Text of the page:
Published: July 27th 2011July 27th 2011
Yep that’s right, I’m back on a boat. This time headed from Washington to Hawaii. Before everyone freaks (and rightly so after my previous gig), let me say that its been the POLAR OPPOSITE of my last experience.
Exhausted from the whole Captain Dave debacle, I had pretty much shelved the sailing idea for now. Instead I thought I’d stay on Quadra Island and maybe travel overland to Alaska and the Yukon for the summer before returning home. However, each time I would recall my story to the Quadra locals about how I came to be there, the response was almost always the same: “Oh, you just missed Alice. She’s awesome but she just left to sail to Hawaii”. Turns out she only got as far as Port Townsend before running into a delay which meant that her crew had to return to work. So mutual friends put us in touch and here I am.
Captain Alice is wonderful, an amazing women. Born in North Carolina and raised in New Jersey, she left for Canada in the 70s in protest to the Vietnam War. She washed dishes in Winnipeg before hitchhiking to the Okanangan Valley to pick berries. There
she met a fellow picker who was wearing a necklace of colorful berries from the arbutus tree. Enamored by them, she was told she could find these beautiful trees in the Gulf Islands. There she lived in a shack in Coon Bay tree planting in the summers until one night, sitting by the fire, Steve wandered upon her shack looking for a place to winter. After a stint working on fishing boats, Alice and Steve were lighthouse keepers with the Canadian coast guard for 27 years (21 years of which at Chatham Point, BC). A few years ago Steve raised the idea of sailing to Hawaii, to which Alice said “well if we’re going to do that, why not sail around the world“. So they bought True Blue at the start of last year and began the preparations. 11 months ago Steve died suddenly from an aggressive form of cancer. He was 60. After several months dealing with the shock and multiple cases of dandelion wine, Alice decided to carry on with the voyage.
Alice has extensive marine experience, a can do attitude, a warmth and an openness that‘s drawn in half of Port Townsend in her 8 weeks
here. For example, well known rigger heard about Alice, and inspired by her, cleared his schedule to do a once over of all the rigging. Not only will we be well equipt for the crossing but we will be flying! This is not an isolated example.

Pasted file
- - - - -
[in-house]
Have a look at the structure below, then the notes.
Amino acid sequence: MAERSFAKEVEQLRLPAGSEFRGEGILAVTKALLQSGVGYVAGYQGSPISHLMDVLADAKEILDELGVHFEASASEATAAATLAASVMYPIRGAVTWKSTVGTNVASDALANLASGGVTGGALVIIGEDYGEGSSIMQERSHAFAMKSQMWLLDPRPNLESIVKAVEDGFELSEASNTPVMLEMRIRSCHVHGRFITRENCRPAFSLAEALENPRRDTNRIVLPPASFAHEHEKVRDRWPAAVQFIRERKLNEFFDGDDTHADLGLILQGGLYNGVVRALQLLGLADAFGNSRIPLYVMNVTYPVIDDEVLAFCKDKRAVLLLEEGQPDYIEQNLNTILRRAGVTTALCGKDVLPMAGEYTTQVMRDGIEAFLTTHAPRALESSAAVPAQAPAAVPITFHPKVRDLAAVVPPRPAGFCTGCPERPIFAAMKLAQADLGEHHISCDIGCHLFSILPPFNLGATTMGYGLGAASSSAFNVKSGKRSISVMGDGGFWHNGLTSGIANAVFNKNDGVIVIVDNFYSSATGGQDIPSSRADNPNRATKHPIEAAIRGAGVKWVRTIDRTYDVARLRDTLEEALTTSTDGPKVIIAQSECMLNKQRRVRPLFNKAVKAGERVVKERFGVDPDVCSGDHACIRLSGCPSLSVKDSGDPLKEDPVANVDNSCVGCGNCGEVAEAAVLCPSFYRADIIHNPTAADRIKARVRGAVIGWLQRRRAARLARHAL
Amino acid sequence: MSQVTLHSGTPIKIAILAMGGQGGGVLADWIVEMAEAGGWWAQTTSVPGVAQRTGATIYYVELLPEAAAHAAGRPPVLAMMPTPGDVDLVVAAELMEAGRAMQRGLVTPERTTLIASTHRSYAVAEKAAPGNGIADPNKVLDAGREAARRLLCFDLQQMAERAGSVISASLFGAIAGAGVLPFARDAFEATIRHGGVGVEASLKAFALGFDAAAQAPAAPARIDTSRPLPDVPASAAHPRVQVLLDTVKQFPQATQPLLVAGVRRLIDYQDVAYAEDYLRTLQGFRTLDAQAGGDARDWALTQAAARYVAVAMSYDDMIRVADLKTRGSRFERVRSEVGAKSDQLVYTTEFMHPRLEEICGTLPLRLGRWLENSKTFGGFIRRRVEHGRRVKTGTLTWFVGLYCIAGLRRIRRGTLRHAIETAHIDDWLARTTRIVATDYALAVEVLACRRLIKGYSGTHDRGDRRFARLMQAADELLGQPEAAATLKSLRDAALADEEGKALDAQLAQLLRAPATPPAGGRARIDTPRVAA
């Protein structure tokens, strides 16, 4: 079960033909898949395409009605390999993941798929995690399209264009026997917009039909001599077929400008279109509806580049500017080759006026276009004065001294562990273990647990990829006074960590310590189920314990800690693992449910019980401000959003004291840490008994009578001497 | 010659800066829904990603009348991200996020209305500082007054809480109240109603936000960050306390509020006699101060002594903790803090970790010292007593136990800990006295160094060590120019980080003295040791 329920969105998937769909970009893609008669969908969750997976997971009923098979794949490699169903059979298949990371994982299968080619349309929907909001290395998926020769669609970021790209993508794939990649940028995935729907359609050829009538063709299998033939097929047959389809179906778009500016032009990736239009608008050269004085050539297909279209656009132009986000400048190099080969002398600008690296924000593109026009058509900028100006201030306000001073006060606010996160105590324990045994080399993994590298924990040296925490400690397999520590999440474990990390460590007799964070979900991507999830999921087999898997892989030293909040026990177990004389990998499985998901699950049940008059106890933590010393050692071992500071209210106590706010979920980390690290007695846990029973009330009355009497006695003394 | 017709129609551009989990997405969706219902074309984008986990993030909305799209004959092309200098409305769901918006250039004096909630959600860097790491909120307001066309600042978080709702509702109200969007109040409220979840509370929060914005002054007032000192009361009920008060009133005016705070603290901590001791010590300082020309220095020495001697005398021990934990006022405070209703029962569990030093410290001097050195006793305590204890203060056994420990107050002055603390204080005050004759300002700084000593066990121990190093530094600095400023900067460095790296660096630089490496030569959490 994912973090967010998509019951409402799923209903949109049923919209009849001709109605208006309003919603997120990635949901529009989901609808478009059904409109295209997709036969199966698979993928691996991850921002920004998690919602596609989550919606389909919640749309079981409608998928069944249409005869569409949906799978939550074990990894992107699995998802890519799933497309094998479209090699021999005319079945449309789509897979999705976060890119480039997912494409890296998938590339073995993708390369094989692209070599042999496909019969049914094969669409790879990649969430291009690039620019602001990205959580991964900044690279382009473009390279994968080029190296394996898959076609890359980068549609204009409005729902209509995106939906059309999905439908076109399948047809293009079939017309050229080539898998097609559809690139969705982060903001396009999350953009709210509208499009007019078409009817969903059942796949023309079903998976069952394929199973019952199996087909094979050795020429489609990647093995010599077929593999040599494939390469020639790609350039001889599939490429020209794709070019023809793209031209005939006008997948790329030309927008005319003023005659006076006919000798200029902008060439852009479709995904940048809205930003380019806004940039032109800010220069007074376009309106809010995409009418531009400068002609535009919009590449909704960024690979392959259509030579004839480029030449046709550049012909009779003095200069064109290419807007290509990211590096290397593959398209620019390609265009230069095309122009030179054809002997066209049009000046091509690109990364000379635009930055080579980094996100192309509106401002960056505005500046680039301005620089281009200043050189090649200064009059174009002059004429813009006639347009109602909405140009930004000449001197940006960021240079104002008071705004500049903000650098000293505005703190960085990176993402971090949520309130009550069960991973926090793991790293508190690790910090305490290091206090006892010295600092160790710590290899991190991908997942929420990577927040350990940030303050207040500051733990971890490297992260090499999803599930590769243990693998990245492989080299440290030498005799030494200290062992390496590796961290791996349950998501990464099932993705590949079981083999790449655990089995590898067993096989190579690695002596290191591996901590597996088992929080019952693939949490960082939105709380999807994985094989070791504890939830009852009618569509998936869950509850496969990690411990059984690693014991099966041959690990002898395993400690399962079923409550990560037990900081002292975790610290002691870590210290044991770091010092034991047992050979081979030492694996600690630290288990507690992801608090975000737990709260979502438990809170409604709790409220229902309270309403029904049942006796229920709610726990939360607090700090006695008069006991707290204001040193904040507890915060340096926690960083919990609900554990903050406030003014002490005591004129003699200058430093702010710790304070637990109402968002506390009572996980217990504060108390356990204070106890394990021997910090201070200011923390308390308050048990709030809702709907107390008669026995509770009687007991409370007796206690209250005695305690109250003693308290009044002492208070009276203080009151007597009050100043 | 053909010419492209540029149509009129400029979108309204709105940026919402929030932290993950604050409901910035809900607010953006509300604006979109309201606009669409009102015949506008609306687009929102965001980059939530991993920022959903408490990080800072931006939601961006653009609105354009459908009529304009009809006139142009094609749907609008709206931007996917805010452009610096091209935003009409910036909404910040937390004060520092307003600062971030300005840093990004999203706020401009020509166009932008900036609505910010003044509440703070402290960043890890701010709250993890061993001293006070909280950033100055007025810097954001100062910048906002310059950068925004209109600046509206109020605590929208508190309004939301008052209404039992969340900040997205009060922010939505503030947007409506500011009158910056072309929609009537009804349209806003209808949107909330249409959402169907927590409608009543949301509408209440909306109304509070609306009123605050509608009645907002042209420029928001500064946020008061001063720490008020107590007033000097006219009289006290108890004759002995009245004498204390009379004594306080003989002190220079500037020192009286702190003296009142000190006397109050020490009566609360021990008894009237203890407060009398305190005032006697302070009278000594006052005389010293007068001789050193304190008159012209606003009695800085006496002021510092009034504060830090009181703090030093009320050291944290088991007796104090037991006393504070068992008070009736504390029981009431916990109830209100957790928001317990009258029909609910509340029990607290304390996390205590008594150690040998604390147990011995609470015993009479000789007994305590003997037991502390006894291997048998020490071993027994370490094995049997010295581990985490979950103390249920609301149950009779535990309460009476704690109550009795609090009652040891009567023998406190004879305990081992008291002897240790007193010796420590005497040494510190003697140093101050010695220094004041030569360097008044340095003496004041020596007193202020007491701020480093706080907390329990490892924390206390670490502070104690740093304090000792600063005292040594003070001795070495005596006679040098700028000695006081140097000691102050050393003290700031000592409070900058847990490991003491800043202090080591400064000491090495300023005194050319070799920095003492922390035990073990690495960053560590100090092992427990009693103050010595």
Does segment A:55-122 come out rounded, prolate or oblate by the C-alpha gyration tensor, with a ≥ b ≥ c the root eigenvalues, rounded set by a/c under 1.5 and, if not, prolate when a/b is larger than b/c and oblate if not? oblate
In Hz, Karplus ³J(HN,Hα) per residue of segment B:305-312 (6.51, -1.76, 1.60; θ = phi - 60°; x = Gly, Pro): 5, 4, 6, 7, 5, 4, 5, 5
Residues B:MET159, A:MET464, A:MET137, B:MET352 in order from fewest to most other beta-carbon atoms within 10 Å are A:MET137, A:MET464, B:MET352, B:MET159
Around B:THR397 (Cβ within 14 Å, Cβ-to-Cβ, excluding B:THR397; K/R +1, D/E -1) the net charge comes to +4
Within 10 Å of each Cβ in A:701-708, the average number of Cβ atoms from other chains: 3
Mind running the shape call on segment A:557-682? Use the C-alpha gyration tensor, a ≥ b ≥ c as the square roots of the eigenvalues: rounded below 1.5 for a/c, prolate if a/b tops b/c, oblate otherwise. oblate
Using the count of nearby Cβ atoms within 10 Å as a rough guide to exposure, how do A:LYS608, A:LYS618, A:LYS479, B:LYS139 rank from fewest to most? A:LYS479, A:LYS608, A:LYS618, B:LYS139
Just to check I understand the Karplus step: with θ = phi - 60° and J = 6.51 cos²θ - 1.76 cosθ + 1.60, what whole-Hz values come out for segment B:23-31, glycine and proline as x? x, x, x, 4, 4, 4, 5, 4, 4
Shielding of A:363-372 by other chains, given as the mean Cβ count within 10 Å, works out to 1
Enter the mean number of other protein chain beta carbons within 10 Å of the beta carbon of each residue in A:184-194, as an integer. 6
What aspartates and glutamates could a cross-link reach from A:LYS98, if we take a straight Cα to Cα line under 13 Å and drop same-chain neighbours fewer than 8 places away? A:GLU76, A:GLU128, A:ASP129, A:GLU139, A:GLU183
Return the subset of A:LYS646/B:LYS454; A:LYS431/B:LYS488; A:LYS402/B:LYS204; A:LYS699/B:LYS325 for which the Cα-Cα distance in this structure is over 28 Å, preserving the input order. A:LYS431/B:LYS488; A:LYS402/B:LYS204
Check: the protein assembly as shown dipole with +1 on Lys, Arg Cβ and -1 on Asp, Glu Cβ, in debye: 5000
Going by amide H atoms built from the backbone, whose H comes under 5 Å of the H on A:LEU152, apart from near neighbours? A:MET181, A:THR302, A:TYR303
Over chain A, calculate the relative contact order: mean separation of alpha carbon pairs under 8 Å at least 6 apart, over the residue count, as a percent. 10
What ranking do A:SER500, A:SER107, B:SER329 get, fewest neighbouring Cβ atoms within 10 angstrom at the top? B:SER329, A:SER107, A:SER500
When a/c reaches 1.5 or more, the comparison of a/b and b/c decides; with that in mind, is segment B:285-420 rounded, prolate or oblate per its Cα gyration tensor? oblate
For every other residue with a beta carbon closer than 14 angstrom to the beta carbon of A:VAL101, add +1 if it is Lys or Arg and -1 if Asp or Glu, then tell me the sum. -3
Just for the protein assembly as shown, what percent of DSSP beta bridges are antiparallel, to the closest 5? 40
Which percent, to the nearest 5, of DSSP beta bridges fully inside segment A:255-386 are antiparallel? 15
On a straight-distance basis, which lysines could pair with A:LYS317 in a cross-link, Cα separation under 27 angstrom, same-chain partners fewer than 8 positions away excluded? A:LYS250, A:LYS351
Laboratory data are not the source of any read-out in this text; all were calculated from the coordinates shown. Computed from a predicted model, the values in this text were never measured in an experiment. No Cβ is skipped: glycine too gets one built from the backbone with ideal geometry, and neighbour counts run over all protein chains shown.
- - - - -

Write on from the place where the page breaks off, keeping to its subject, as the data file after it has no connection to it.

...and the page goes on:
However the aspect I find so special is the community of women captains/sailors here. The first night I arrived, 3 of them came to dinner and shared their experiences on the water and crossing oceans, and a steady stream keep stopping by the boat to mentor us- they are so inspiring and supportive- or join us on the water each afternoon.
Just recently we were joined by the fabulous Ryan, who’ll be the third member on Blue. 25, he left home (Great Falls VA, just outside of DC) at 18 and moved to Hawaii for 4 years (and sailed, among other things) before relocating to Port Townsend to attend the wooden boat school. He is solid gold. He also happenes to be a shipwright (boat builder) here in town, which is a pretty handy person to have around! Alice and I are tickled to have him aboard. Its going to be a
The boat, True Blue III, is as solid as one could hope for. A recently refitted cutter-rigged steel Vancouver 38ft built by Pheon Yachts in 1985 (for more specs see Alice’s blog “Because you asked....more info about Blue 03/15/2011” at http://www.sailblogs.com/member/newdawn/). We’ve gone out everyday and she feels good. Super sturdy (7.3 tonnes of steel!) but responsive, and holds speed.
So after a great time in Port Townsend familiarizing myself with Blue, we are off. The boat is stocked, we’re prepped, the weather window is right for the crossing:
1. Avoiding a strong westerly/northwesterly, so we aren’t beating into it as we make our way through the Juan de Fuca Strait to Port Angeles, Neah Bay, around Cape Flattery and then 200miles offshore into the Pacific.
2. A strong high off the coast of the Pacific Northwest that we basically skirt south to latitude 30/longitude 130 and then west to Hawaii with the winds at our back.
The trip is a 2300 mile journey, which we are calculating will take us between 18 to 21 days. Alice’s initial plan was to get to Hawaii, through the Pacific, Torres Strait (northern Australia) and to South Africa around November
(Durban actually, my climate friends), but with the delay she'll just have to see how far she gets. And I'll see how I go. I might get off in Hawaii or who knows.
Anyway, we are a good team. I’m in great hands and so thankful for this opportunity. This is the boat I was supposed to be on.
P.s. I’ll be out of email/internet action for the next little while, but you can track our progress across the ocean via Alice’s blog (http://www.sailblogs.com/member/newdawn/), where our GPS coordinates will be uploaded and you can see where we are each day. We’ll also have a spot, assuming I can figure out how to set it up. However, if for some reason new coordinates don’t appear, please don’t call the coast guard! It’s likely just a battery issue or something minor. FYI we have multiple abilities to call for help if we need it. A satellite phone, EPIRB, SSV radio, VHF radio, and the spot. xx
There are more photos below